Bill came up with a great idea for growing Clematis on our privacy fence: He nailed wire fencing to the fence posts. He turned the fencing sideways and the gap created by the fence posts allows the vines to weave through the support.

Propagating Clematis is fairly simple. One easy way is to cover a vine with soil (vine still attached to the plant), leave it alone for about a year and it will root. After it has a nice little root system, cut it loose from the mother vine and plant it.

Clematis can be propagated via stem cutting also. Cut a section of vine, make your cutting at a leaf node and leave one leaf joint above that cut. I trim the leaves on the top of the cutting in half. Dip the cutting in a rooting hormone, stick it in moist sand and leave it in a shady place. It may take a couple of months to root. When a slight tug results in resistance, gently lift the stem to see if you have roots. I'd probably pot the new babies in gallon pots and keep them in the shade until they are well established before planting in the ground.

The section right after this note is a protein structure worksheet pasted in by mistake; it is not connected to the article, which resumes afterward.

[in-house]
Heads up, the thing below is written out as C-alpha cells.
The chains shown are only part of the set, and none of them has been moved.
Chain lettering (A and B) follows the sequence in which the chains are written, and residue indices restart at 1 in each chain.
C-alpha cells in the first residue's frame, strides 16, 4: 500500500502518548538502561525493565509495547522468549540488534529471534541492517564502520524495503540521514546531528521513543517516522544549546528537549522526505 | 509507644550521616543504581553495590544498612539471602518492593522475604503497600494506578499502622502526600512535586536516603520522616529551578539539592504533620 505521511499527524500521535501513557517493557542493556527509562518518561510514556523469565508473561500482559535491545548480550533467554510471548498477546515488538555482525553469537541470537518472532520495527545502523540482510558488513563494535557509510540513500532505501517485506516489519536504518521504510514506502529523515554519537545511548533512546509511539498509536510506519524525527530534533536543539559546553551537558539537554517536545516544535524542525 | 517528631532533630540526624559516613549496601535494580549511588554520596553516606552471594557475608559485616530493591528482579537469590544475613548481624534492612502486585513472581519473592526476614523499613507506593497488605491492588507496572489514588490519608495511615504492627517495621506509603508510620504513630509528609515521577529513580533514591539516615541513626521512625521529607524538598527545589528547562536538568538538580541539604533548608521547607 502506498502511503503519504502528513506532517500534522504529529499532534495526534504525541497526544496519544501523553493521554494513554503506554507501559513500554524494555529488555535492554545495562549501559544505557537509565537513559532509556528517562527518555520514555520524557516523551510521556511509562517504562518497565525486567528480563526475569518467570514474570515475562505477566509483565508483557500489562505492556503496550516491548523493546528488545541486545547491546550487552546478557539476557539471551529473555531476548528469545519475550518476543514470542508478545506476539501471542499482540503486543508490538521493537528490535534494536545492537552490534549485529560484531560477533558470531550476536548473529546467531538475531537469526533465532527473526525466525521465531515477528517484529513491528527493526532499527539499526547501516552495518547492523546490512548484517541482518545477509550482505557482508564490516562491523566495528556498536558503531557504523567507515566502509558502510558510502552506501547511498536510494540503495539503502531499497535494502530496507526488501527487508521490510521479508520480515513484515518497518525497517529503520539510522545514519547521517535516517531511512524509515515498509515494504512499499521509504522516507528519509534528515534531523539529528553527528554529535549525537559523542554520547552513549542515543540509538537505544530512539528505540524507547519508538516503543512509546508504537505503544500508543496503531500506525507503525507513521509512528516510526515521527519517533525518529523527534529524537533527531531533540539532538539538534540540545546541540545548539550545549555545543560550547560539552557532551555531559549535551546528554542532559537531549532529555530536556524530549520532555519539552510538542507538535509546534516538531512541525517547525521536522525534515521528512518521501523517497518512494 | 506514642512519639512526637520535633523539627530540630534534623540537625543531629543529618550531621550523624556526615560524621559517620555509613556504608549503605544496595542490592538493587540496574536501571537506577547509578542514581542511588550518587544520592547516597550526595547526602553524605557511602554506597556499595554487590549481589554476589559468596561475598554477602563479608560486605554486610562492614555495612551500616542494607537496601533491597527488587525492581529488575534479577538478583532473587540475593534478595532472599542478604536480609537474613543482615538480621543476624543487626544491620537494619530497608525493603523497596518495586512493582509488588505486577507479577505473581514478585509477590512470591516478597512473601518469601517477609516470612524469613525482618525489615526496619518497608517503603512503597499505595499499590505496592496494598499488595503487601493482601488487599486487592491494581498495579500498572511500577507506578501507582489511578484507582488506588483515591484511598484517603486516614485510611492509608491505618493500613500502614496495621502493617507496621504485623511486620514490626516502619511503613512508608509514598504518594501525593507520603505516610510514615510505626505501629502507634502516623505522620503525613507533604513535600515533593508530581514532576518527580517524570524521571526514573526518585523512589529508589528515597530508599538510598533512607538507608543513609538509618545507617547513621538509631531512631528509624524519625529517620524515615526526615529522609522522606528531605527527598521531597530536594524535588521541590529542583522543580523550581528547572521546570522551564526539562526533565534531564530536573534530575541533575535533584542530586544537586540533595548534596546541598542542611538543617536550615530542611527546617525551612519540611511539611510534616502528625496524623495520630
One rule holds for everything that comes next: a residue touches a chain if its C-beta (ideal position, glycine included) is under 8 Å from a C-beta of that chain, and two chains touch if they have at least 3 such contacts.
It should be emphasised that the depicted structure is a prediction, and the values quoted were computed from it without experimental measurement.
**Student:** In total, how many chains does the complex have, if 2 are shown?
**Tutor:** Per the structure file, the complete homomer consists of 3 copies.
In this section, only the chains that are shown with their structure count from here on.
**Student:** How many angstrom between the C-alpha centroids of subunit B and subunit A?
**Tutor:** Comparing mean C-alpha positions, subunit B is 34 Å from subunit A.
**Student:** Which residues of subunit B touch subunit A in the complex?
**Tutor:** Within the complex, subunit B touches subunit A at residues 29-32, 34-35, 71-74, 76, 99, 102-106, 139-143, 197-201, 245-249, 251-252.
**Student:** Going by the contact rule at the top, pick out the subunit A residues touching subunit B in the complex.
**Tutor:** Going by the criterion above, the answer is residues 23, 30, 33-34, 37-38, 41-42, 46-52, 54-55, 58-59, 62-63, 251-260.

Below are a few other Clematis vines that are growing in my backyard.
Jackmanni

Nellie Mosier




Royal

Rouge Cardinal
Dwarf Clematis


To learn more about plant propagation check out my book on Amazon:

May 10, 2018

My Greenhouse Sales

A Few of  My Backyard Plants
This spring has been a terrific time in my backyard. I opened my little Back Yard Nursery to the public on April 20 - after a fun private sale for my E-Mail list folks. Lot's of new people found me on Facebook and also by following the little signs I put all over town.

Here are a few of the plants still for sale. I'll be open every Friday and Saturday until the first weekend of June. Sign up for notices of special sales below the pictures. I promise not to send a bunch of useless emails - I don't have time and neither do you.


Butterfly Bushes

Citronella

Fire Island Hosta












Subscribe to our mailing list

* indicates required